CNN Medical Producer
Do you ever get the impression your teen is just not hearing you? Well, maybe he's not. Literally. According to a new study, more American adolescents may be suffering from early signs of hearing loss than previously estimated.
Researchers looking at hearing loss in people ages 12 to 19 found that when compared with data from the mid-1990s there has been a 30 percent increase in the development of minimal levels of hearing loss, and a 77 percent increase in more serious hearing problems – those where obvious communication difficulties can be observed. About one in 20 children experienced hearing loss in 1994, and that number jumped to about one in 5, or an estimated 6.5 million adolescents, by 2006.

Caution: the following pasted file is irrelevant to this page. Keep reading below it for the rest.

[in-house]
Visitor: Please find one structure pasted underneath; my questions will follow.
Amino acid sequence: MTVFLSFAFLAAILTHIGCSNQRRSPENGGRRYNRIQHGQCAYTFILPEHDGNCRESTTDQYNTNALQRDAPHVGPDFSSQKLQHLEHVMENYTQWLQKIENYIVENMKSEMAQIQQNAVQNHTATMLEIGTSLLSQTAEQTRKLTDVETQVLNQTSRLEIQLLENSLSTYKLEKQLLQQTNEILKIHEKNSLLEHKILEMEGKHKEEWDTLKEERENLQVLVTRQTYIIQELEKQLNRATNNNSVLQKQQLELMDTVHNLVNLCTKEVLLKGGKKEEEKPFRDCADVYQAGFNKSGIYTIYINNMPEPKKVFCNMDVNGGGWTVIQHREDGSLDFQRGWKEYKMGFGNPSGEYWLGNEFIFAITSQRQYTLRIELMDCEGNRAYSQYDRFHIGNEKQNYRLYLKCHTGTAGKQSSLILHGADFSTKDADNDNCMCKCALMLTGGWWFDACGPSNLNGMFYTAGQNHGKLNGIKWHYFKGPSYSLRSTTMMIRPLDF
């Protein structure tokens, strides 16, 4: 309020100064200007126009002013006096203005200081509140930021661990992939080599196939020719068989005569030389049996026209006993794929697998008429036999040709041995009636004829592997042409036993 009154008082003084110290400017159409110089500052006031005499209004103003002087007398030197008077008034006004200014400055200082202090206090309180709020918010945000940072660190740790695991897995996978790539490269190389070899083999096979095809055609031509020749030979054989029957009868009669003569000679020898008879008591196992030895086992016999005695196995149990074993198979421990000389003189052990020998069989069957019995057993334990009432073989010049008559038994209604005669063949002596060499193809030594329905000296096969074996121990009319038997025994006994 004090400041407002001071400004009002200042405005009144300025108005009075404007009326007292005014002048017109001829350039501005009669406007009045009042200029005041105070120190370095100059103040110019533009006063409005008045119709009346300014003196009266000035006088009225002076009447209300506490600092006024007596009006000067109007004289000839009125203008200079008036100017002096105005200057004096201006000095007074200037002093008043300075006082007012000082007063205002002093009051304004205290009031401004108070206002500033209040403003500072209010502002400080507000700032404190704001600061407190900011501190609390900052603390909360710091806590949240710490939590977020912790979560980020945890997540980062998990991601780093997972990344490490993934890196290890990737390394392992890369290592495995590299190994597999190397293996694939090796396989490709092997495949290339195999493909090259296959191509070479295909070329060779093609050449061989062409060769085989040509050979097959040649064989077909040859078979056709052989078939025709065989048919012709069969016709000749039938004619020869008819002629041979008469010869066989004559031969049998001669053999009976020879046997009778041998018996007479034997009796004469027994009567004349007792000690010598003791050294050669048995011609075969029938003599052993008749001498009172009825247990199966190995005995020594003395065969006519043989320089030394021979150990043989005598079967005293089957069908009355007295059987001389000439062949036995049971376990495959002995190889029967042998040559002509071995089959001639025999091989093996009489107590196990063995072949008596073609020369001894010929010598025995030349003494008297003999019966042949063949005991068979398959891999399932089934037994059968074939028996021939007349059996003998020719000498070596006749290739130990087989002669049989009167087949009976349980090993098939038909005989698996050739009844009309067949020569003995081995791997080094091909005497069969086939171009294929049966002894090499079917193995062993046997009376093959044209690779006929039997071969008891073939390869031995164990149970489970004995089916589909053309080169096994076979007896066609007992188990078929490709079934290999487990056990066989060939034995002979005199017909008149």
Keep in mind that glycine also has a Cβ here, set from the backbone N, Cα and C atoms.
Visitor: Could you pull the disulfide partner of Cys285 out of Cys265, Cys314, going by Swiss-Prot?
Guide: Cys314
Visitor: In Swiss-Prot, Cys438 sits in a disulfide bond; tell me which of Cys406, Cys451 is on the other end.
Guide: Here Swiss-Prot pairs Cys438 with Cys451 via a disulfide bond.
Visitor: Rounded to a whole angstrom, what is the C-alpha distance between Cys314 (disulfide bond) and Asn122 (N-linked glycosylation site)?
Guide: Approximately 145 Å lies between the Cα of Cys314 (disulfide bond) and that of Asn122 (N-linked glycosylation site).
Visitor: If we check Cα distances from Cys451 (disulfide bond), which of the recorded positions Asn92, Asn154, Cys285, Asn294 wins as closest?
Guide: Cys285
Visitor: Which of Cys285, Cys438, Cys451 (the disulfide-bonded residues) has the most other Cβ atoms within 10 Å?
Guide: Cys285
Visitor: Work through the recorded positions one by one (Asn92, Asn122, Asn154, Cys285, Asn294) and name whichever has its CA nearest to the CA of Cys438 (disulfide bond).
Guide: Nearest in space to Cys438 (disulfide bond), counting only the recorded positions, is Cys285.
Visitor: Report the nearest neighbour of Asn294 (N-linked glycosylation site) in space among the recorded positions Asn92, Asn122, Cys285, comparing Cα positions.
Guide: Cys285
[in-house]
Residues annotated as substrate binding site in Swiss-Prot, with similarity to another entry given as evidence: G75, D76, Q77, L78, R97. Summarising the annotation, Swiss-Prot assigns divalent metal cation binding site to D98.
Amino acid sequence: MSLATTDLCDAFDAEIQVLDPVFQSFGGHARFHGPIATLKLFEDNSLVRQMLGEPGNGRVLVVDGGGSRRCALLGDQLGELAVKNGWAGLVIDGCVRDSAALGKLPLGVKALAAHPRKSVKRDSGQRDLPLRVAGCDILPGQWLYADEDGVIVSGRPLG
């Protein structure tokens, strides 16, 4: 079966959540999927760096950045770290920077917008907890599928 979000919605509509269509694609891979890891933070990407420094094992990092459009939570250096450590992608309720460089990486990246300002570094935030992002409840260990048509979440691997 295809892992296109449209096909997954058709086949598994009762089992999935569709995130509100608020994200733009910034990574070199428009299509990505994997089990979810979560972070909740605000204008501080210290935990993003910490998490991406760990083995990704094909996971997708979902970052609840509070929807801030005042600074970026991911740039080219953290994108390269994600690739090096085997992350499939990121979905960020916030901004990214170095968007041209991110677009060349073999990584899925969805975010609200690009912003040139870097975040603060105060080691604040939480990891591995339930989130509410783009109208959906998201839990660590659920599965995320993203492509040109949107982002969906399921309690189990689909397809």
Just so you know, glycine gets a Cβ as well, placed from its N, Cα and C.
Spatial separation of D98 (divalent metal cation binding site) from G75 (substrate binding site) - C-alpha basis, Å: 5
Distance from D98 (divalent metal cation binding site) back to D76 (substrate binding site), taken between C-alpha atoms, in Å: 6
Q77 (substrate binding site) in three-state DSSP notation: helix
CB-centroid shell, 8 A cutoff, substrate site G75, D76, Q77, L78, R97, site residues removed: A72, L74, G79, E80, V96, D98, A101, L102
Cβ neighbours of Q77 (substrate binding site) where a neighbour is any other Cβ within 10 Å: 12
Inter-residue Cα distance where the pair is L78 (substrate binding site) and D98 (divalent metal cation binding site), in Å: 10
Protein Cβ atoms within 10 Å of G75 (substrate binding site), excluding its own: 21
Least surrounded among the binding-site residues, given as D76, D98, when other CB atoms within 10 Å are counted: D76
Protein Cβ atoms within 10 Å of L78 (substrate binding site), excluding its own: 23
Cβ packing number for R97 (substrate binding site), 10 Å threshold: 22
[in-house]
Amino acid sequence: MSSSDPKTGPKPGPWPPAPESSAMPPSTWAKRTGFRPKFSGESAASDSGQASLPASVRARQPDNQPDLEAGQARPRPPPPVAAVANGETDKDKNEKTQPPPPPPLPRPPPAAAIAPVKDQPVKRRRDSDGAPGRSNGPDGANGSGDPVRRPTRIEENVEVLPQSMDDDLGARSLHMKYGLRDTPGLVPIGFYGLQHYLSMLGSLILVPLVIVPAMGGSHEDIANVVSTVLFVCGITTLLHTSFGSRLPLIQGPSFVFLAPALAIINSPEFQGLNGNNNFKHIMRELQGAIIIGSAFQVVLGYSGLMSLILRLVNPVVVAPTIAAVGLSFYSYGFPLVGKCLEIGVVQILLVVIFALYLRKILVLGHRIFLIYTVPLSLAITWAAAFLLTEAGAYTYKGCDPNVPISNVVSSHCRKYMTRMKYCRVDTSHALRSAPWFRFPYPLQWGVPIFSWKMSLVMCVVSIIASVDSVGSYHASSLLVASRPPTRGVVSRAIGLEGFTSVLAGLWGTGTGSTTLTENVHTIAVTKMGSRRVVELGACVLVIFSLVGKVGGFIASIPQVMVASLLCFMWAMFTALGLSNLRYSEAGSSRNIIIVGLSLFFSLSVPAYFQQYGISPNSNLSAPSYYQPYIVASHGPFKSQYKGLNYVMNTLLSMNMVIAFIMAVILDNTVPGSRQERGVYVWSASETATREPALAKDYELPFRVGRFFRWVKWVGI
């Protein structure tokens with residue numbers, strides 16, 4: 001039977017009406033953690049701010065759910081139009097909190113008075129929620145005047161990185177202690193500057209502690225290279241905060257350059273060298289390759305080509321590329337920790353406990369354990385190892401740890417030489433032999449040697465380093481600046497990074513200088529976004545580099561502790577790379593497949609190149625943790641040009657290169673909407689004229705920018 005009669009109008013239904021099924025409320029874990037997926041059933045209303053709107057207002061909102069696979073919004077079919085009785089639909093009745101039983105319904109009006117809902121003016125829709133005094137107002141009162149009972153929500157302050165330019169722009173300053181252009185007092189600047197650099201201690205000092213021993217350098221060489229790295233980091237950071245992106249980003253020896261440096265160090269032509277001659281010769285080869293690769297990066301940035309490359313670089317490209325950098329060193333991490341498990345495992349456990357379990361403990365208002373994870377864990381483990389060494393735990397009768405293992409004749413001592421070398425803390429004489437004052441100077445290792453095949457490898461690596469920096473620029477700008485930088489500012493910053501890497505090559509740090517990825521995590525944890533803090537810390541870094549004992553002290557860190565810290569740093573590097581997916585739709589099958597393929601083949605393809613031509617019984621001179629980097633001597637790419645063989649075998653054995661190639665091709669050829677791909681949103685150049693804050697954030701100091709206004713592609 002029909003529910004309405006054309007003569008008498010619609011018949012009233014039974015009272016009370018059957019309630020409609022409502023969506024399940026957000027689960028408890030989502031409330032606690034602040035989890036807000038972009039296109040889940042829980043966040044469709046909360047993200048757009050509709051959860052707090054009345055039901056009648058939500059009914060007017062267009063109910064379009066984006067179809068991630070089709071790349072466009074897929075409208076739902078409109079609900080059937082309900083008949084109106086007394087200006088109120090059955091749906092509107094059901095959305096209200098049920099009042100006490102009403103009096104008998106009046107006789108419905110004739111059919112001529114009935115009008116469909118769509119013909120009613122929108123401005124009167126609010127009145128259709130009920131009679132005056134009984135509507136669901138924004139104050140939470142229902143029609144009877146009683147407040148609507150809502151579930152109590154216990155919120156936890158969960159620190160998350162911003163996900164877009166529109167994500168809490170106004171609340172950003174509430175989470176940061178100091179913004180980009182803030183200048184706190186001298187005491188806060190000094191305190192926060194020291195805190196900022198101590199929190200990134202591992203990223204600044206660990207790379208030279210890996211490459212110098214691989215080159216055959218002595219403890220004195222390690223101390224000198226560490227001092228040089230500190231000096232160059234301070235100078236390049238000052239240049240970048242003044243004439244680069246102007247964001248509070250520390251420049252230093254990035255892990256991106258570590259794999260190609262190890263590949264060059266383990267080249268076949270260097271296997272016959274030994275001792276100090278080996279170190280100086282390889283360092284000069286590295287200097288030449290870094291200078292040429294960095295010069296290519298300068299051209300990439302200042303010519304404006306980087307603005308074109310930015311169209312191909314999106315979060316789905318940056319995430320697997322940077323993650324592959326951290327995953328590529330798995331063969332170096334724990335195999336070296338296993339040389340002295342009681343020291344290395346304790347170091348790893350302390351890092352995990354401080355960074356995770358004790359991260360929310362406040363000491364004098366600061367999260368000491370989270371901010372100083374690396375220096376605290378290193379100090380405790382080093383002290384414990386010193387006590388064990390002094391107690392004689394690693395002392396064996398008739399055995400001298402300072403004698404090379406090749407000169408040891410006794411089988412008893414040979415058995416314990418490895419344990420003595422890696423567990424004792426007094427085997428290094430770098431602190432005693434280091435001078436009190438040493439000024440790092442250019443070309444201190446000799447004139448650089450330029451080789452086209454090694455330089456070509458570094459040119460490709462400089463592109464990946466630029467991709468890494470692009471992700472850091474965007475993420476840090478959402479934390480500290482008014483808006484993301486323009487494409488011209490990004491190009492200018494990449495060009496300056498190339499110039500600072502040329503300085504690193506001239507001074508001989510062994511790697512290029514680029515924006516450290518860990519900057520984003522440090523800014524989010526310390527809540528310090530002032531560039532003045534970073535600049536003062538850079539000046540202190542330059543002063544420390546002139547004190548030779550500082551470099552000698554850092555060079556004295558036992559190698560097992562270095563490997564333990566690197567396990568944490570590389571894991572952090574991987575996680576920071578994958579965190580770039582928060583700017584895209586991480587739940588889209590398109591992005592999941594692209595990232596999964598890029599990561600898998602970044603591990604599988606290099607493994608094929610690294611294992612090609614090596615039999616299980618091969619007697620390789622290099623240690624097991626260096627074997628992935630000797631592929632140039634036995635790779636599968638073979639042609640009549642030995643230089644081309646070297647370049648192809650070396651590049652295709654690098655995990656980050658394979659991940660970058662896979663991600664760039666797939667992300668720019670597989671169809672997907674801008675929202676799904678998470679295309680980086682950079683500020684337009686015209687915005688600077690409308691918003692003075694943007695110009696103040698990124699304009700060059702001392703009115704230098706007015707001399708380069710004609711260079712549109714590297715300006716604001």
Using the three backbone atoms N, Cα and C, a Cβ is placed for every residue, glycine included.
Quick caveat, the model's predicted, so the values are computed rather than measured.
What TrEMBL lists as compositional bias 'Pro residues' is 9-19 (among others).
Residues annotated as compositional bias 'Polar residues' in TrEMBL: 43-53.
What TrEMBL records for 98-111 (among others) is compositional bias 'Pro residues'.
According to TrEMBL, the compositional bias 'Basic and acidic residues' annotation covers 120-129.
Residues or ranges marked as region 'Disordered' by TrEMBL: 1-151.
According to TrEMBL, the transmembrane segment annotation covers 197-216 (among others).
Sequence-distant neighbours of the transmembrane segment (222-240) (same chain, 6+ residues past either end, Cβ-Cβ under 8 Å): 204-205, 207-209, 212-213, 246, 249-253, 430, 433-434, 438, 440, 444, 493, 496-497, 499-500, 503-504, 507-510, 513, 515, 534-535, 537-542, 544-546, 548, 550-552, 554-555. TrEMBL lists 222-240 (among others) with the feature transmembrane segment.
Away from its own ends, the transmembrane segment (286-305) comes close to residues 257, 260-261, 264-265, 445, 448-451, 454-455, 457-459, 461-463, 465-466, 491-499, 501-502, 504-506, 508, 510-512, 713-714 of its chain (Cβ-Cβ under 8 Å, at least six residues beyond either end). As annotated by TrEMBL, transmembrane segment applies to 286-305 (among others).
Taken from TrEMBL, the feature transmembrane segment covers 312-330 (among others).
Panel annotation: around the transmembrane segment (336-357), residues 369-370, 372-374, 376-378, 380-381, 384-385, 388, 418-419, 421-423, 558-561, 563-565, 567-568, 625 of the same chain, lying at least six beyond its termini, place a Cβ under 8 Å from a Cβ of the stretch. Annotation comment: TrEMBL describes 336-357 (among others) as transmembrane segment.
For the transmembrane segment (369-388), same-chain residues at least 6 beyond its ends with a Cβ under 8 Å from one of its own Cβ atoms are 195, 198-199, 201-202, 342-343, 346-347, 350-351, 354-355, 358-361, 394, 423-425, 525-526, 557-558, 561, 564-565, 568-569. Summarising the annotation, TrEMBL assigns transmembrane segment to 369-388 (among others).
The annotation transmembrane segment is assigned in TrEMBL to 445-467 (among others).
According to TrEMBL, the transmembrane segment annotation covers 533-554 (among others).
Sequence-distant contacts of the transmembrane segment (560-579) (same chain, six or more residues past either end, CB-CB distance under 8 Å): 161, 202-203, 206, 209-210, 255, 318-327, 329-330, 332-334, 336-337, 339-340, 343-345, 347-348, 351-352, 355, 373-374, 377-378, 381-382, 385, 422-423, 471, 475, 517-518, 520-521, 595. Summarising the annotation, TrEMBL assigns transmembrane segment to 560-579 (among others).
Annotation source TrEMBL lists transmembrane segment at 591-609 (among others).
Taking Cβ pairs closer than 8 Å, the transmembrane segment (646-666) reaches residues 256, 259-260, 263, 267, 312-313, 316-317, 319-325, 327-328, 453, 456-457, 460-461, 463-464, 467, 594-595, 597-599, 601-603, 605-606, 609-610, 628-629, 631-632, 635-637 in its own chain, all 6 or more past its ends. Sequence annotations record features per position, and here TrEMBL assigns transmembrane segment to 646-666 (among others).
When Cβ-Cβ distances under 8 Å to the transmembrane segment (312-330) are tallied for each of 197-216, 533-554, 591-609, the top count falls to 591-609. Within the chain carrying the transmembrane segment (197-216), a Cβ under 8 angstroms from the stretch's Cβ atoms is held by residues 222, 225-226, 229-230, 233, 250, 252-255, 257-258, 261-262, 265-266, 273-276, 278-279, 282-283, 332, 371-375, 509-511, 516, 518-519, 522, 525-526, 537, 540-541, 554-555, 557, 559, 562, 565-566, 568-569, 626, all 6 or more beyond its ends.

“What we're seeing is a big jump in the prevalence of hearing loss in a very short period of time, in less than one generation,” says Dr. Roland Eavey, an author on the study. “That means we're on the front edge of an epidemic.” The results were published today in the Journal of the American Medical Association.
Hearing loss is a serious problem that can lead to developmental delays for school-aged children. Even though the condition is common, getting to the root of the problem remains a challenge.
The authors of the JAMA article conclude that more studies are needed to determine the exact cause of the increase. “We see smoke,” Eavey explains. “We’re not sure where the fire is yet, but we know it’s not good for the woods to be burning."
Filed under: Medical News
Anderson Cooper goes beyond the headlines to tell stories from many points of view, so you can make up your own mind about the news. Tune in weeknights at 8 and 10 ET on CNN.
Questions or comments? Send an email
Want to know more? Go behind the scenes with